Templeton funds more atheist-bashing

September 27, 2018 • 10:30 am

Lois Lee, a religious scholar whom I’ve written about before, is the lead investigator on a big Templeton grant, or, as The Conversation describes her in erroneous spelling, “Principle [sic] Investigator on the Understanding Unbelief programme.” Templeton gave her and her co-PI Stephen Bullivant (also a religious scholar) nearly three million dollars to study the nature and variety of “unbelief”. While the grant summary pretends that this is a dispassionate inquiry into the origin and nature of atheism, I wrote at the time that giving the grant to these two was “like asking creationists to direct a sociological study of why so many scientists accept evolution.”

And indeed, it’s clear from Lee and Bullivant’s writings that their study is tendentious. It’s not a rational inquiry into atheism, but rather an attack on atheism, and, in Lee’s latest article in The Conversation, “Why atheists are not as rational as some like to think” (click on screenshot), she positively celebrates irrationality. Note that the obligatory picture of the Satan Atheist accompanies the article:

I’m not sure I want to dissect this egregious and lightweight piece; it’s best summed up by saying its thesis is this: “Atheists are irrational, just like religious people.” In other words, “You’re just as bad as we believers are”: not a very persuasive argument.  In fact, Lee adduces no strong evidence that atheists are just as irrational as believers. Rather, she uses a series of arguments, many of which rest on opinion rather than data, e.g. “some atheists are irrational” or “many atheists don’t arrive at their nonbelief through reason or science, but because they’re indoctrinated by their parents.

Who would deny this? Certainly not all atheists arrive at their stand by reason, but many of them have enough rationality to think “there’s no evidence for religious beliefs”, which is all the rationality you need to reject religion. You don’t have to be rational in every aspect of your life. Further, Lee fails to mention that religious belief is completely irrational—in the sense that there’s no evidence supporting the existence of Gods or the factual (and conflicting) assertions of the world’s many religions.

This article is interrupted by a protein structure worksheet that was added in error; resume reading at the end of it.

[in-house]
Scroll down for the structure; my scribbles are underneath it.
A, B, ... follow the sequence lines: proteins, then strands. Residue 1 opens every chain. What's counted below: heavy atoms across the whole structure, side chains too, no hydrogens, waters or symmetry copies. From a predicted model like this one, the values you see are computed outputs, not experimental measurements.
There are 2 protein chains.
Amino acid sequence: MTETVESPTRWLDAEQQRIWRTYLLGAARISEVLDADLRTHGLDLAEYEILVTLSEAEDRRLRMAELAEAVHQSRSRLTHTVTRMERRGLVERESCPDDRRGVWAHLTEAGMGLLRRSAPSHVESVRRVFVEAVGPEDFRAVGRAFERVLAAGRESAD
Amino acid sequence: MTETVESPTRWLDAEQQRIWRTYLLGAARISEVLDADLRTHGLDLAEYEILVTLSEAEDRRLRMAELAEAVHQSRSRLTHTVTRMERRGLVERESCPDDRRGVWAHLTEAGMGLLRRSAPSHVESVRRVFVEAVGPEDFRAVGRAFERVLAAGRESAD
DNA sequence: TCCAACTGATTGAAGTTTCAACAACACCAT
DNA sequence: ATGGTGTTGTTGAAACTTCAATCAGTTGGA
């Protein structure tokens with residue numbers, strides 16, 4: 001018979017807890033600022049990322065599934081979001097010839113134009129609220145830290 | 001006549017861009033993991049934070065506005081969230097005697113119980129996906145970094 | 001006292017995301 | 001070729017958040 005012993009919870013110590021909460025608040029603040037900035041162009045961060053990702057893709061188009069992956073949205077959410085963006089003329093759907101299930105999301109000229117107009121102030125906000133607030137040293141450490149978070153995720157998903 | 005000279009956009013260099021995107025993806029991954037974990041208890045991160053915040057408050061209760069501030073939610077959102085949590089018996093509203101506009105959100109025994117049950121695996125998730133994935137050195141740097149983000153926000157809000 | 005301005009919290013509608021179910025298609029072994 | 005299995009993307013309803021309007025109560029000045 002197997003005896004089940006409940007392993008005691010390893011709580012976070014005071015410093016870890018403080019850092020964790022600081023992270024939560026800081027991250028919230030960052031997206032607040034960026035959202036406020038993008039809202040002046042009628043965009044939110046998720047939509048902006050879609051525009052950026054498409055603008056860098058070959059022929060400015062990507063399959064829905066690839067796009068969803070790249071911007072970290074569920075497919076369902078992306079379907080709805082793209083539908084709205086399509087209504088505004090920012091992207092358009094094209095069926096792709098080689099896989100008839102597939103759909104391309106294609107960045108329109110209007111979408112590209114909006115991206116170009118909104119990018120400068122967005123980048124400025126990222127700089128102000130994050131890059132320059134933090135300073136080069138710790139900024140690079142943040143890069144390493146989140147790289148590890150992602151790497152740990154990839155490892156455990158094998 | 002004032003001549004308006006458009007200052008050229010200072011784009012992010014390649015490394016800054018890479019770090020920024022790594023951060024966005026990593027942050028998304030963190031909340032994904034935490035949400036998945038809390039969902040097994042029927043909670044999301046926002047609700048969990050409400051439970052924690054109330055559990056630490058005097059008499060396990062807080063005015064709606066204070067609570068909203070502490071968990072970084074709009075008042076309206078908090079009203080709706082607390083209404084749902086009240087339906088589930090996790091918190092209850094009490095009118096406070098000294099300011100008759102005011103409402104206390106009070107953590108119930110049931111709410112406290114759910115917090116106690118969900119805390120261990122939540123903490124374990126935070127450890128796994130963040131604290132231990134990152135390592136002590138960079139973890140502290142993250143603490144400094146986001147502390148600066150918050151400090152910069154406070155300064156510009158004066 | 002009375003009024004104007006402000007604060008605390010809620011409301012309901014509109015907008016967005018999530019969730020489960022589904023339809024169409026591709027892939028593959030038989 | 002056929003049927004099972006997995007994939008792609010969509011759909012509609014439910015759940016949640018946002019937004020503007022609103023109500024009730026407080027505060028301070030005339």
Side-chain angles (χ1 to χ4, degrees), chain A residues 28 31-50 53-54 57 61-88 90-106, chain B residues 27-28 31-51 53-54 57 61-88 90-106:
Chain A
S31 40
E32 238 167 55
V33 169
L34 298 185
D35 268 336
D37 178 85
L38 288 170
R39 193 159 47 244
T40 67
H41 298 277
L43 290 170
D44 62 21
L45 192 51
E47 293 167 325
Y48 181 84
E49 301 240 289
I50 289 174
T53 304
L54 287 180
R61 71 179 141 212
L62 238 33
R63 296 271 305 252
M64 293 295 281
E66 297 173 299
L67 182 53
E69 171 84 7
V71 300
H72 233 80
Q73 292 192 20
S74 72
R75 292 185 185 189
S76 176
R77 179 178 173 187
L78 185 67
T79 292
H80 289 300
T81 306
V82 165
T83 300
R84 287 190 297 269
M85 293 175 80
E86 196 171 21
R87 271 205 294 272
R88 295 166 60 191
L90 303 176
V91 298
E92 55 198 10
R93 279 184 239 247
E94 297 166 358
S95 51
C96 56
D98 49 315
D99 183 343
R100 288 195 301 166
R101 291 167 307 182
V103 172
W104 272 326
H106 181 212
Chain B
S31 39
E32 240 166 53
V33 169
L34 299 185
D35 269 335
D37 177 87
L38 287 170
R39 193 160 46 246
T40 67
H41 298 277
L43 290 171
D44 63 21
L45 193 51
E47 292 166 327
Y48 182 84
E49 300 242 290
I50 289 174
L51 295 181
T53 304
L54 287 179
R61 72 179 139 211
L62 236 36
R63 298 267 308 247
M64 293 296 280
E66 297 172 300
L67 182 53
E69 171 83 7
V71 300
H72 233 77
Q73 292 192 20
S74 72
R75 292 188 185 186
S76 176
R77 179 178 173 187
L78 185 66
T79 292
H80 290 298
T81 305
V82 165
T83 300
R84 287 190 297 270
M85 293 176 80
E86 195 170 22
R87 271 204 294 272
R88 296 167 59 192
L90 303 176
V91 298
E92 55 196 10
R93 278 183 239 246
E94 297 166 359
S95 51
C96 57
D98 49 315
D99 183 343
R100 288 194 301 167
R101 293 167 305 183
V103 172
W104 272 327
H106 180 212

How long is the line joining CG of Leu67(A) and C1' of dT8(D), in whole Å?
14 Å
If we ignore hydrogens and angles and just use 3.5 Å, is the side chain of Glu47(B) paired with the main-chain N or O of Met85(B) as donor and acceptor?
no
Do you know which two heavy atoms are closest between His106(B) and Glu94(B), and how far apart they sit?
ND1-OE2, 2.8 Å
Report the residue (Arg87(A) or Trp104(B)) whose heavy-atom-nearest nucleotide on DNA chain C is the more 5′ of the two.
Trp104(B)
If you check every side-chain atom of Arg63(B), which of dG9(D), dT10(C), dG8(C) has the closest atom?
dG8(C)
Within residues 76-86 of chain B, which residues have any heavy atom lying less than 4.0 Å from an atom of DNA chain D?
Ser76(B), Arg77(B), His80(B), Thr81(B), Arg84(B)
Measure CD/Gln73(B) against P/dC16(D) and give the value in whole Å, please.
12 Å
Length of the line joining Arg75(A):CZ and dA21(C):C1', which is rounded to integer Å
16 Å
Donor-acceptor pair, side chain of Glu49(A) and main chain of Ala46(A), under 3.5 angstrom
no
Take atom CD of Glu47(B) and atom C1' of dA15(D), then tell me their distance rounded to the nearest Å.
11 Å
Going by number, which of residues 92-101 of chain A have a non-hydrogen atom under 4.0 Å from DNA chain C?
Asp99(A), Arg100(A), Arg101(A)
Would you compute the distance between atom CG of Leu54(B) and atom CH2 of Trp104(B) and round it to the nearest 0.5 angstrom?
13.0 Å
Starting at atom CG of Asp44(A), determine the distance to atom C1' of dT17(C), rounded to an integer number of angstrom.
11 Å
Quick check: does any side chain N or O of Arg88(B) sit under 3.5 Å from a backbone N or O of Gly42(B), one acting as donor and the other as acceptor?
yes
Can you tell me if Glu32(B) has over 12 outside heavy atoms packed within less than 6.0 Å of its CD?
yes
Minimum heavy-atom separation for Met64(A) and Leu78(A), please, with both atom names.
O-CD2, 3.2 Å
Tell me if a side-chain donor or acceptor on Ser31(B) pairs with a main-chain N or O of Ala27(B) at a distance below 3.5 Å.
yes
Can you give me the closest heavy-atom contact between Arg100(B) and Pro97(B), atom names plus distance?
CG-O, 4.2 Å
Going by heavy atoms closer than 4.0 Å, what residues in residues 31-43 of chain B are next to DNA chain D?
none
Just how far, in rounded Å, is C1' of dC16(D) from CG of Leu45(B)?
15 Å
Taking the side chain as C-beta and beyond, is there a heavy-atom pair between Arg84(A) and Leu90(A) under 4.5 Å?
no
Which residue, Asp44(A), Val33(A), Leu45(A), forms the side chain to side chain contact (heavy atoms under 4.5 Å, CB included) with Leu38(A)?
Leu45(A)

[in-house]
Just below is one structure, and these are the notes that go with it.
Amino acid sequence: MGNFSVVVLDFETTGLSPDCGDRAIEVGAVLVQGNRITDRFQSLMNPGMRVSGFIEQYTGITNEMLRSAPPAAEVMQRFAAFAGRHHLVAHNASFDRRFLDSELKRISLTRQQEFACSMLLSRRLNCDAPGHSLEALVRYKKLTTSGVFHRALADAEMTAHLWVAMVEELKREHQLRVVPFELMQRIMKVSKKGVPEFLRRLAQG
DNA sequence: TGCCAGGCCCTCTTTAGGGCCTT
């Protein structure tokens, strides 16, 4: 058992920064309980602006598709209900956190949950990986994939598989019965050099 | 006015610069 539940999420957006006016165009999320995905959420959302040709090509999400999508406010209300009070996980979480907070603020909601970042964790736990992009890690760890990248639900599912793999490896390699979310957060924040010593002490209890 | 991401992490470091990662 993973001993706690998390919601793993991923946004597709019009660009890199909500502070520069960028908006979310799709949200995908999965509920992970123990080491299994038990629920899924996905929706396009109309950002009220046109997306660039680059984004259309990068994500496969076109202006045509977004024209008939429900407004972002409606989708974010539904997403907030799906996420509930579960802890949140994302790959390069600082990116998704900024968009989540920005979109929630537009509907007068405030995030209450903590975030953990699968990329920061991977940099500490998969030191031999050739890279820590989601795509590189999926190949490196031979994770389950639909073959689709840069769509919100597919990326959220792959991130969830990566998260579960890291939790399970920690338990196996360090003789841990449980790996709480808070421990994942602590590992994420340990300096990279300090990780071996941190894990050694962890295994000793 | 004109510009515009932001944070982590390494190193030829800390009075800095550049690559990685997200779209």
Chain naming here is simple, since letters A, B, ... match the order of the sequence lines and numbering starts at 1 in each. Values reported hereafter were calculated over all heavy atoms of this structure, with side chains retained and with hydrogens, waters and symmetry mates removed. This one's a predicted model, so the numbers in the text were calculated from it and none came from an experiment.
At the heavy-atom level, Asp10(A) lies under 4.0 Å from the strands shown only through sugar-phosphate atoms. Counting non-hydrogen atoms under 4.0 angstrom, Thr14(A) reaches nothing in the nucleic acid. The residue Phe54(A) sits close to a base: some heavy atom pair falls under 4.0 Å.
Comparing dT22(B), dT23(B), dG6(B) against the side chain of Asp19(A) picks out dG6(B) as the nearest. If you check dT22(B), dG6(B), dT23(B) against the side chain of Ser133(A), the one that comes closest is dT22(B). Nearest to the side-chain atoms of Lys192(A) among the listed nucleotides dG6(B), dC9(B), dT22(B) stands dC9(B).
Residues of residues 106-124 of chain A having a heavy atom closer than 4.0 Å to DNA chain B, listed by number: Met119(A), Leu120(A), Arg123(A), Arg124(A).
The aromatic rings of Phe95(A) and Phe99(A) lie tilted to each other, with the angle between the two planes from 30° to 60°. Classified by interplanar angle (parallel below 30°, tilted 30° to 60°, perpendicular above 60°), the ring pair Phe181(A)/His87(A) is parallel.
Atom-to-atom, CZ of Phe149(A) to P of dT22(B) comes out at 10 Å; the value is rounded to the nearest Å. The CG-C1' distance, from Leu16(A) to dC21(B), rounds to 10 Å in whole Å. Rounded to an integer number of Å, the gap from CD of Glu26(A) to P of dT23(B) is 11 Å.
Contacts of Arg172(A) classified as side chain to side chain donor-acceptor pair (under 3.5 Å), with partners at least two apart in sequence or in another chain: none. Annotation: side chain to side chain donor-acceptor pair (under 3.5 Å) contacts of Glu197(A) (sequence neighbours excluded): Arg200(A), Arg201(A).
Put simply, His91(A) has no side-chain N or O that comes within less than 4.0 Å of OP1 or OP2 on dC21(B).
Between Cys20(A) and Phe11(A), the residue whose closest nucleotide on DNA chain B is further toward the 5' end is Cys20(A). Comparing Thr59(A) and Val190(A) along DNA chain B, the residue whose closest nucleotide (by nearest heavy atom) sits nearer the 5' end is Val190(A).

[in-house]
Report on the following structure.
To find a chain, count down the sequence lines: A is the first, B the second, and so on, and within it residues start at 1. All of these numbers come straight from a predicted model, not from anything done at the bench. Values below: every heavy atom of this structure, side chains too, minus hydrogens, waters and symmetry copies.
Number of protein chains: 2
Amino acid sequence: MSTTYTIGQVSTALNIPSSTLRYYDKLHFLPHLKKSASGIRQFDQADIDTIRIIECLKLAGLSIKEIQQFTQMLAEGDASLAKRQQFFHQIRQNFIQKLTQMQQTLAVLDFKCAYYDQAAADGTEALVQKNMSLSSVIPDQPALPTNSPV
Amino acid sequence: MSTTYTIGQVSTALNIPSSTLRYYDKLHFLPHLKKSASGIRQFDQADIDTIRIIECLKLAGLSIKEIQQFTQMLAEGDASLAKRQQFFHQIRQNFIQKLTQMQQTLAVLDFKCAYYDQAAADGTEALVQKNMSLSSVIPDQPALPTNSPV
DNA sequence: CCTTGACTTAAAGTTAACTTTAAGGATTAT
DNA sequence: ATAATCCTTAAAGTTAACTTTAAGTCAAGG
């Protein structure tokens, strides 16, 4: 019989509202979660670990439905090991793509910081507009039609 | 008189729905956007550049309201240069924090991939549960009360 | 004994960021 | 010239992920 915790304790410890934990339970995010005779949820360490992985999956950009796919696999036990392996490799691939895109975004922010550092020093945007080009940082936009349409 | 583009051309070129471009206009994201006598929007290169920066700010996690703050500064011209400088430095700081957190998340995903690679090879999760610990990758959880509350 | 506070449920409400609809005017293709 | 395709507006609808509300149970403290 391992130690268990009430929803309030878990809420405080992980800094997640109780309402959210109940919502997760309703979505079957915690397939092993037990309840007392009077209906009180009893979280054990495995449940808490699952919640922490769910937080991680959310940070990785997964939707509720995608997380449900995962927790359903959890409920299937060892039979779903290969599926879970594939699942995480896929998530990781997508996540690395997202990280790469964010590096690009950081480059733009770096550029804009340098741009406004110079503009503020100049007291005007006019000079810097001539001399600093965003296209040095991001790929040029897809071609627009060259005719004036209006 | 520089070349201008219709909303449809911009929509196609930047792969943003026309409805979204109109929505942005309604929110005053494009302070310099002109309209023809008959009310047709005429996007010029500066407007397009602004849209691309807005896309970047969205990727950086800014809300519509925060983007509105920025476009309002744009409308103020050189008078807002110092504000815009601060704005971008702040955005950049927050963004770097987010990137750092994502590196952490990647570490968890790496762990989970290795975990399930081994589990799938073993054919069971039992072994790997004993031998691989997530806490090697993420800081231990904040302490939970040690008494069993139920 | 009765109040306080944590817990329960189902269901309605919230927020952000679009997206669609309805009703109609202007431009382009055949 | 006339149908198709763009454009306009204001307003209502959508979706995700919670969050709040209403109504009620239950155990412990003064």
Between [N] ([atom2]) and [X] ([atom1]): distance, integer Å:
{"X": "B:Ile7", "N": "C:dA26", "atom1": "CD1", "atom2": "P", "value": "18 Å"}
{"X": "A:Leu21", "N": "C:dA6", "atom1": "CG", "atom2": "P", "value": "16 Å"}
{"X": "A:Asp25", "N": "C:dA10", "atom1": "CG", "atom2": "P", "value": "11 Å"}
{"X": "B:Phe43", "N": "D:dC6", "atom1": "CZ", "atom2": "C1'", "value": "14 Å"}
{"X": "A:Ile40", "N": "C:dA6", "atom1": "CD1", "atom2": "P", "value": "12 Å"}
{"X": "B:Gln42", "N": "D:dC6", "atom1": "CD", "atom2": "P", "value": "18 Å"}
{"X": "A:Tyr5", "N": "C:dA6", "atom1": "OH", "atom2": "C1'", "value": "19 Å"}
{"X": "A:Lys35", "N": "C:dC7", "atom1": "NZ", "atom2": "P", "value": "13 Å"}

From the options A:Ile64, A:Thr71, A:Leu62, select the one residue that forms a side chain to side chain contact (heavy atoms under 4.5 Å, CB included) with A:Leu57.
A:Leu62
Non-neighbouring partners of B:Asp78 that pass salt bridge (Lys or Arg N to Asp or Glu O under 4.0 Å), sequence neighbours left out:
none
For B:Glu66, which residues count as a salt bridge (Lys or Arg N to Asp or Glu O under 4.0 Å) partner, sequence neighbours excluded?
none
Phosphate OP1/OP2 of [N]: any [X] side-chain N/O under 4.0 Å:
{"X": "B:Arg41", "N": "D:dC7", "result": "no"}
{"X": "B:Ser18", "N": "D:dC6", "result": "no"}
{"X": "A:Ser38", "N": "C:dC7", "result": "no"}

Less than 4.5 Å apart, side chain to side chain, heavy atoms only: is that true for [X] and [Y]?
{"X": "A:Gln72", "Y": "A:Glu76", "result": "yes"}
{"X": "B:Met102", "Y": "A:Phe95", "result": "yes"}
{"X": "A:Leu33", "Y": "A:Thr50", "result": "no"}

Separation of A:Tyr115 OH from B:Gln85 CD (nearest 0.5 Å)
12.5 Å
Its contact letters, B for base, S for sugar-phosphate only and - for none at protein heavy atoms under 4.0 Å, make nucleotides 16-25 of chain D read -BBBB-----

So yes, perhaps to some people “atheists aren’t as rational as you’d like to think”, but so what? What matters is not whether atheists are 100% rational, or whether some of them become atheists for reasons other than reason, but whether the claims of religion are true. That crucial issue isn’t discussed. Lee’s purpose here is simply to criticize atheists rather than to examine whether atheism can be seen as it truly is: a rational response to a lack of evidence for gods.

Here are a few of her assertions that I’ve summarized in bold (Lee’s direct quotes are indented):

Atheism is a sad way to live. Here Lee begins her celebration of irrationality, which I take to be osculation of religion (I’m betting she’s religious):

When you ask atheists about why they became atheists (as I do for a living), they often point to eureka moments when they came to realise that religion simply doesn’t make sense.

Oddly perhaps, many religious people actually take a similar view of atheism. This comes out when theologians and other theists speculate that it must be rather sad to be an atheist, lacking (as they think atheists do) so much of the philosophical, ethical, mythical and aesthetic fulfilments that religious people have access to – stuck in a cold world of rationality only.

That I don’t get. Why does atheism “not make sense” because it’s “sad”? And of course many of us nonbelievers are not sad at all. We fall in love, enjoy friendship, beauty, books, art, and food. What we don’t do is proselytize or believe in divine fairy tales. What we have here from Lee is a knowingly distorted indictment of nonbelief.

Many atheists arrive at nonbelief for non-rational reasons.